Bishop heads.jpgThe U.S. hierarchy gathers for its spring meeting tomorrow, in San Antonio, in the wake of one of the most divisive and ugly stretches the Catholic Church has seen since, well, Joseph Bernardin was alive. And the bishops themselves have been the perpetrators and victims of much of the nastiness, much of it centered on Barack Obama’s election and Obama at Notre Dame.

It is important not to talk about “the bishops” as if they were of one heart and mind on these controverted issues. In fact, they’re not, and it has been a vocal minority–albeit a large minority of 80-plus prelates out of 285 or so active ordinaries–that has challenged not only American Catholics but also their fellow bishops. And that silent majority has remained largely silent. This hasn’t been an edifying witness on either side.

So what to do? Some want the bishops to “man up” and adopt a harder line (the minority line) for Catholic universities, Catholic pols, and Catholics themselves. There are other options, and two editorials, in the Jesuit weekly America, and the lay-edited bimonthly, Commonweal, offer constructive suggestions and encouragement.

From Commonweal‘s editorial, “Episcopal Vacancy”:

It is not apparent that the bishops as a group are fully aware of the damage that has been done both to the unity of the church and to its ability to effectively engage the larger culture. To begin with, there remains the widespread perception that the bishops have learned little from, and shown even less honest regret over, clergy sexual abuse. That is unfair, but such suspicions are kept alive by the defensive, sometimes hostile way in which many bishops deal with the media. Nor is the laity’s or the larger public’s skepticism on this score helped by the lack of financial transparency in many dioceses. In the aftermath of the abuse crisis, one might expect a degree of modesty and humility from bishops when they criticize the errors or failures of others, especially from leaders of a church that has lost a third of its baptized members. What we too often hear instead is strident and self-righteous “prophetic” rhetoric. Too many bishops, in a misplaced effort to emulate the heroic example of John Paul II, seem to imagine that they are battling a new kind of totalitarianism, rather than the more subtle temptations present in any free society.


When the University of Notre Dame invited President Obama to deliver this year’s commencement address, the political animosity among Catholics that has been assiduously cultivated by some for years seemed to reach critical mass, and the damage from the fallout will take months, if not years, to measure. More than eighty bishops denounced the university. “We are at war!” declared Bishop Robert W. Finn of the Kansas City-St. Joseph Diocese in Missouri. (Such words are especially worrying after the murder of Dr. George Tiller in Kansas.) Bishop Finn darkly warned that the church’s most dangerous enemies were not its public antagonists, but Catholics who “attack the most fundamental tenets of the church’s teachings.” This suspicion regarding the loyalty and goodwill of other Catholics seems to be increasingly prevalent in the bishops’ conference.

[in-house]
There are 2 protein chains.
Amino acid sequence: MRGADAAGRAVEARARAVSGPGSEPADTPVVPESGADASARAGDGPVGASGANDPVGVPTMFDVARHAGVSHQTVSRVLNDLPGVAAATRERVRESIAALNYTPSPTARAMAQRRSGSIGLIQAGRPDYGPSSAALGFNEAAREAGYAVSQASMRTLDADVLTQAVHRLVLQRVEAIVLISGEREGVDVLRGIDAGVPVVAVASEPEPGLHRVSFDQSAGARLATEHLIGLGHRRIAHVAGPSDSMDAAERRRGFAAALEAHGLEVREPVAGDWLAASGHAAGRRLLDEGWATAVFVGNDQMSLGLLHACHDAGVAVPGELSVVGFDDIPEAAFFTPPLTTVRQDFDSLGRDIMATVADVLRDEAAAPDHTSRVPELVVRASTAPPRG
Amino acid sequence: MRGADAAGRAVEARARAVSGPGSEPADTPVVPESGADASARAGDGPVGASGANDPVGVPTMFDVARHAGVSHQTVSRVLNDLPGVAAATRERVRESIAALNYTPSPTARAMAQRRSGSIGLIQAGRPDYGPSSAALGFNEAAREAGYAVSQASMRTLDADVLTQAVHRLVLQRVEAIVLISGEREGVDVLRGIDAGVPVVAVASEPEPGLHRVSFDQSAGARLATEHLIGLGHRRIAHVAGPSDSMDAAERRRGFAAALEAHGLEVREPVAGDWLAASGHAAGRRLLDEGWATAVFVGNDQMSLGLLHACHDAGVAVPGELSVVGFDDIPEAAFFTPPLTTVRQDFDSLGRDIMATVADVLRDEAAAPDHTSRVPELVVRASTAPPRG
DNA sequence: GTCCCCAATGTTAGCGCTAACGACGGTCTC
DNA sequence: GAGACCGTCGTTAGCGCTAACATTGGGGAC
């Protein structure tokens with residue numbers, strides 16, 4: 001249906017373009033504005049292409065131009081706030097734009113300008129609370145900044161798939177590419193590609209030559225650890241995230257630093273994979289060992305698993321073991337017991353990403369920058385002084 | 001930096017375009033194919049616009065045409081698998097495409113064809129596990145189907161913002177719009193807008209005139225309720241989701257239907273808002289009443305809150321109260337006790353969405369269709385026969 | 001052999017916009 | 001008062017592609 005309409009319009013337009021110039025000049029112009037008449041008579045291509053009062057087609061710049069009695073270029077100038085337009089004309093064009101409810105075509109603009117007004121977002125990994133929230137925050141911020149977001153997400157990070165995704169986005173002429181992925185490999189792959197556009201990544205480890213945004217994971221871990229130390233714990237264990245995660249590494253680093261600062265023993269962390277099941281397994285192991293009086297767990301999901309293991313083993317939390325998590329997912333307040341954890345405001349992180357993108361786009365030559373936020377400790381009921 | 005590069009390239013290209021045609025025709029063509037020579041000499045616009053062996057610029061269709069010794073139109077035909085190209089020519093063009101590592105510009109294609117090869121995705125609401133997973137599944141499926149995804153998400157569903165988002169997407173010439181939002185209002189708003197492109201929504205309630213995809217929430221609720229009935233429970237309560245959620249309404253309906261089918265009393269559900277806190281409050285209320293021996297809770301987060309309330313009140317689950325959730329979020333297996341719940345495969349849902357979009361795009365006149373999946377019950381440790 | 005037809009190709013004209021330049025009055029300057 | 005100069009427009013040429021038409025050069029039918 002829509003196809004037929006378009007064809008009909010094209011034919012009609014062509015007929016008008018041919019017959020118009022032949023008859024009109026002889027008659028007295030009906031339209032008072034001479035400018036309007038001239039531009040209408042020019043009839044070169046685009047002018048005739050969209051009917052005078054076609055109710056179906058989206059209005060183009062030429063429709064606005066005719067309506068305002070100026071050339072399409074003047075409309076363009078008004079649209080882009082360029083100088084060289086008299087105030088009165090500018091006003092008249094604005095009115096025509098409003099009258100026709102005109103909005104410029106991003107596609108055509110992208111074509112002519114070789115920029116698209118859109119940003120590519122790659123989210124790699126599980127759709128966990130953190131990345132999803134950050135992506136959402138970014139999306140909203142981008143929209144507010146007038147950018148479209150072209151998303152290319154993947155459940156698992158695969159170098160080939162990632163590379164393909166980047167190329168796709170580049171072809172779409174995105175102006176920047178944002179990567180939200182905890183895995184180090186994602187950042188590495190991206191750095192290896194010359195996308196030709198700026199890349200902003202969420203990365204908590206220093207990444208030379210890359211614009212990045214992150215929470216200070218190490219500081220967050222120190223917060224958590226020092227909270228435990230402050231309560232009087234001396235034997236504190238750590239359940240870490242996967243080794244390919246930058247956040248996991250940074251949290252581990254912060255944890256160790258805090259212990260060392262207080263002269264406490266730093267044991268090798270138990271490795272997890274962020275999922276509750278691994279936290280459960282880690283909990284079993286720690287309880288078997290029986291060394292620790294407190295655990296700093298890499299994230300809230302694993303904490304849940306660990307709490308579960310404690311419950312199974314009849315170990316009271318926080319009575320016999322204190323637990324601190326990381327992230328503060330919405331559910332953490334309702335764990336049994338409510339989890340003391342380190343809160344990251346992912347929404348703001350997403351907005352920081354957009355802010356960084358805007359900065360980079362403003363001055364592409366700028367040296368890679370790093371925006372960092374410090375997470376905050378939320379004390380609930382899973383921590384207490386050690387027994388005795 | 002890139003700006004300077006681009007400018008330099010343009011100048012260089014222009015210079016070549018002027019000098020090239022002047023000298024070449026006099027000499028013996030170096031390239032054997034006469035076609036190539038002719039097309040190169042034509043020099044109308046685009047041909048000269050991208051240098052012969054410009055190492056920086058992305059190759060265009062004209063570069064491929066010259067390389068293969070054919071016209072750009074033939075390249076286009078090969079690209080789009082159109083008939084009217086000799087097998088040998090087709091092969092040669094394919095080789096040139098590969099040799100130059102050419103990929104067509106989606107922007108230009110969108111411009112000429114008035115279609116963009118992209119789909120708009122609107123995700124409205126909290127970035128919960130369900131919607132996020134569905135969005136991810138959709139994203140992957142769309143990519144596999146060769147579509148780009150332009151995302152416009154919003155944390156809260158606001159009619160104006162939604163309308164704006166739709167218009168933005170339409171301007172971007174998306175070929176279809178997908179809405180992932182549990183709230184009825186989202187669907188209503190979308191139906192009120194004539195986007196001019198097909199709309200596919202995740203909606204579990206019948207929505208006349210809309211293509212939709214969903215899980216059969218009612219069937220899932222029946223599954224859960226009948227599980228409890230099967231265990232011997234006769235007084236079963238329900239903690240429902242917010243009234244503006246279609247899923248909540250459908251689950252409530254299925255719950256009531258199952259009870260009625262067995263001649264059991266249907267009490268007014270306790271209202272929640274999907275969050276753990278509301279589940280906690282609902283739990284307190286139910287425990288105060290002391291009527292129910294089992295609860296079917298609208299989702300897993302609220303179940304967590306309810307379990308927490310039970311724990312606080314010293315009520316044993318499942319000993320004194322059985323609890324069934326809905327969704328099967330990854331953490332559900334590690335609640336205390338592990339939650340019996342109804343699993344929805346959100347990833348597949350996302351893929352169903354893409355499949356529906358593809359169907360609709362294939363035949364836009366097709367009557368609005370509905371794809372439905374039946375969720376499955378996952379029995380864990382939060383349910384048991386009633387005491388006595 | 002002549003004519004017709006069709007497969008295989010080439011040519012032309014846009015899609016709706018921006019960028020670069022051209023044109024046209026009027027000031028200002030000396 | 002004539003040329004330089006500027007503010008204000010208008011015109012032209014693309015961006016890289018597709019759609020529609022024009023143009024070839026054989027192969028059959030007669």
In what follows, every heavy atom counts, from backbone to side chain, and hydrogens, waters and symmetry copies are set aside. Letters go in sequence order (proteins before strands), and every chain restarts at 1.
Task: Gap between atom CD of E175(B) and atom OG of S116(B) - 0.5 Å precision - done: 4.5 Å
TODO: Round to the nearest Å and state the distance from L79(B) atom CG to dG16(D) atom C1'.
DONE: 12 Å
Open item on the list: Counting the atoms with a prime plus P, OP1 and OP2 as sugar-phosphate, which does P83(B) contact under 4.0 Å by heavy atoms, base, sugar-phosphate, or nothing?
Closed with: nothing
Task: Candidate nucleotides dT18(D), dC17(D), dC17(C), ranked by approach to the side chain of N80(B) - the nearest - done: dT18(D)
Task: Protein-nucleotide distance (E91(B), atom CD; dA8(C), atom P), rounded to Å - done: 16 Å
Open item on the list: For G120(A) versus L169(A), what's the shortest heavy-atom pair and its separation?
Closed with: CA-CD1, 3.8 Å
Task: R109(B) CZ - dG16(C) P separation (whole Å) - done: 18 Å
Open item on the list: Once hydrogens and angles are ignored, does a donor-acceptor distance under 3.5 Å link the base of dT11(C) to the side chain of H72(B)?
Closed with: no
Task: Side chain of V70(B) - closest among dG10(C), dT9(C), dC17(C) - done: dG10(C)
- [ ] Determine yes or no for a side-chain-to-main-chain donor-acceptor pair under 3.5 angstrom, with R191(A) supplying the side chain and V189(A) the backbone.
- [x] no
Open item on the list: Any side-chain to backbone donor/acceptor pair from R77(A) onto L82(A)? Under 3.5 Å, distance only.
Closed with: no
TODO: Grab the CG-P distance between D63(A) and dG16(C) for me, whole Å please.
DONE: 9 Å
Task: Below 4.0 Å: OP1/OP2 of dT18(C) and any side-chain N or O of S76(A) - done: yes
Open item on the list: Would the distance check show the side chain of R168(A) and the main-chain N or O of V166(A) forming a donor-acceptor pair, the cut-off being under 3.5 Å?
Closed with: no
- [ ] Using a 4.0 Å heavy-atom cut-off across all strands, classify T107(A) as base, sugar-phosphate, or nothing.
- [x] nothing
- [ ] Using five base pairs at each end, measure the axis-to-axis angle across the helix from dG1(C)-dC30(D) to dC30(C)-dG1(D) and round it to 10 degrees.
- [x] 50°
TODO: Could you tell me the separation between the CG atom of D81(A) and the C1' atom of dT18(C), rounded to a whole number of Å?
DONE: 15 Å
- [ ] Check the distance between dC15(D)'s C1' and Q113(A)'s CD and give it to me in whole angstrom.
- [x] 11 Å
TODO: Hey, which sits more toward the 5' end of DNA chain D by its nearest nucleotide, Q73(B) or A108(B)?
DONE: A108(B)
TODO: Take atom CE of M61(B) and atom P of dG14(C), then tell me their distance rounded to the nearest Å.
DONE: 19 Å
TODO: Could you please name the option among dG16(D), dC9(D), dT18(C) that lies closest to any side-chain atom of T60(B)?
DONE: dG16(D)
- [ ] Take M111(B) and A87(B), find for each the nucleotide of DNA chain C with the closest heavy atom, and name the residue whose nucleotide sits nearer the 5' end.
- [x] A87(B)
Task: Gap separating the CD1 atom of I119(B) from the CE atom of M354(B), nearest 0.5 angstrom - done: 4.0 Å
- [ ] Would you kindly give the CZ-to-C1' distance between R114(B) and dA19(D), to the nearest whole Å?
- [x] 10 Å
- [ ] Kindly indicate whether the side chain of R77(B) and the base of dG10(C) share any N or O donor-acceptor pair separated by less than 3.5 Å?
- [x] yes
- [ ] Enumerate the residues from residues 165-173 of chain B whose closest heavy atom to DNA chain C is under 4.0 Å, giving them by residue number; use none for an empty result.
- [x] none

From America’s editorial, “Community of Disciples”:

This rhetoric has threatened the credibility of the church, as the Catholic tradition of trust and toleration has been de-emphasized. Even a few bishops have made statements like “We are at war” and “Tolerance is not a Christian virtue,” suggesting that any notion of the common good has given way to a sharply defined “us versus them” mentality. Such rhetoric also subtly undermines the Catholic principle of subsidiarity first put forth by Pope Pius XI in Quadragesimo Anno, according to which a pluralistic social structure allows and encourages constructive input from a variety of groups on the grass-roots level.

This polarization must stop; otherwise our identity as a faith community will be torn asunder and Catholicism will cease to be an elevating force for change. How can we decrease the polarization? A vital first step is to seek out our common ground in the major civic areas where almost all Catholics agree: religious liberty; the sacredness of all human life; the goal of reducing and eventually eliminating abortion; support for social programs that provide a safety net for the poor; the elimination of segregation, racism and discrimination; and respect for differing religious and social traditions and diverse cultures. Few are the Catholics who do not share these principles, which provide a ready-made common ground. 

The editors conclude by citing the late Cardinal Avery Dulles (SJ, natch) and his view of the church as a “community of disciples” on the way to conversion, in a church “led by the Spirit, not yet in full possession of the truth.”

This more humble view of a pilgrim church always in need of purification and improvement may help to tone down the rhetoric and encourage Catholics to work together in addressing the great issues of our day, especially those involving the culture of life. True dialogue, as Cardinal Dulles noted, enables the church “to understand its teaching better, to present it more persuasively and to implement it in a pastoral way.”

The editorial begins, as any good Jesuit editorial should, with the wisdom of St. Ignatius, who suggests that in any exchange, “it is necessary to suppose that every good Christian is more ready to put a good interpretation on another’s statement than to condemn it as false.”

If correction is necessary, it ought to be delivered with respect and kindness, the editorial says.

Good advice from a great saint, and others on the way.

–Photo via Reuters “FaithWorld” blog, “A Flock of Shepherds” via the title of Tom Reese’s study of the episcopacy.

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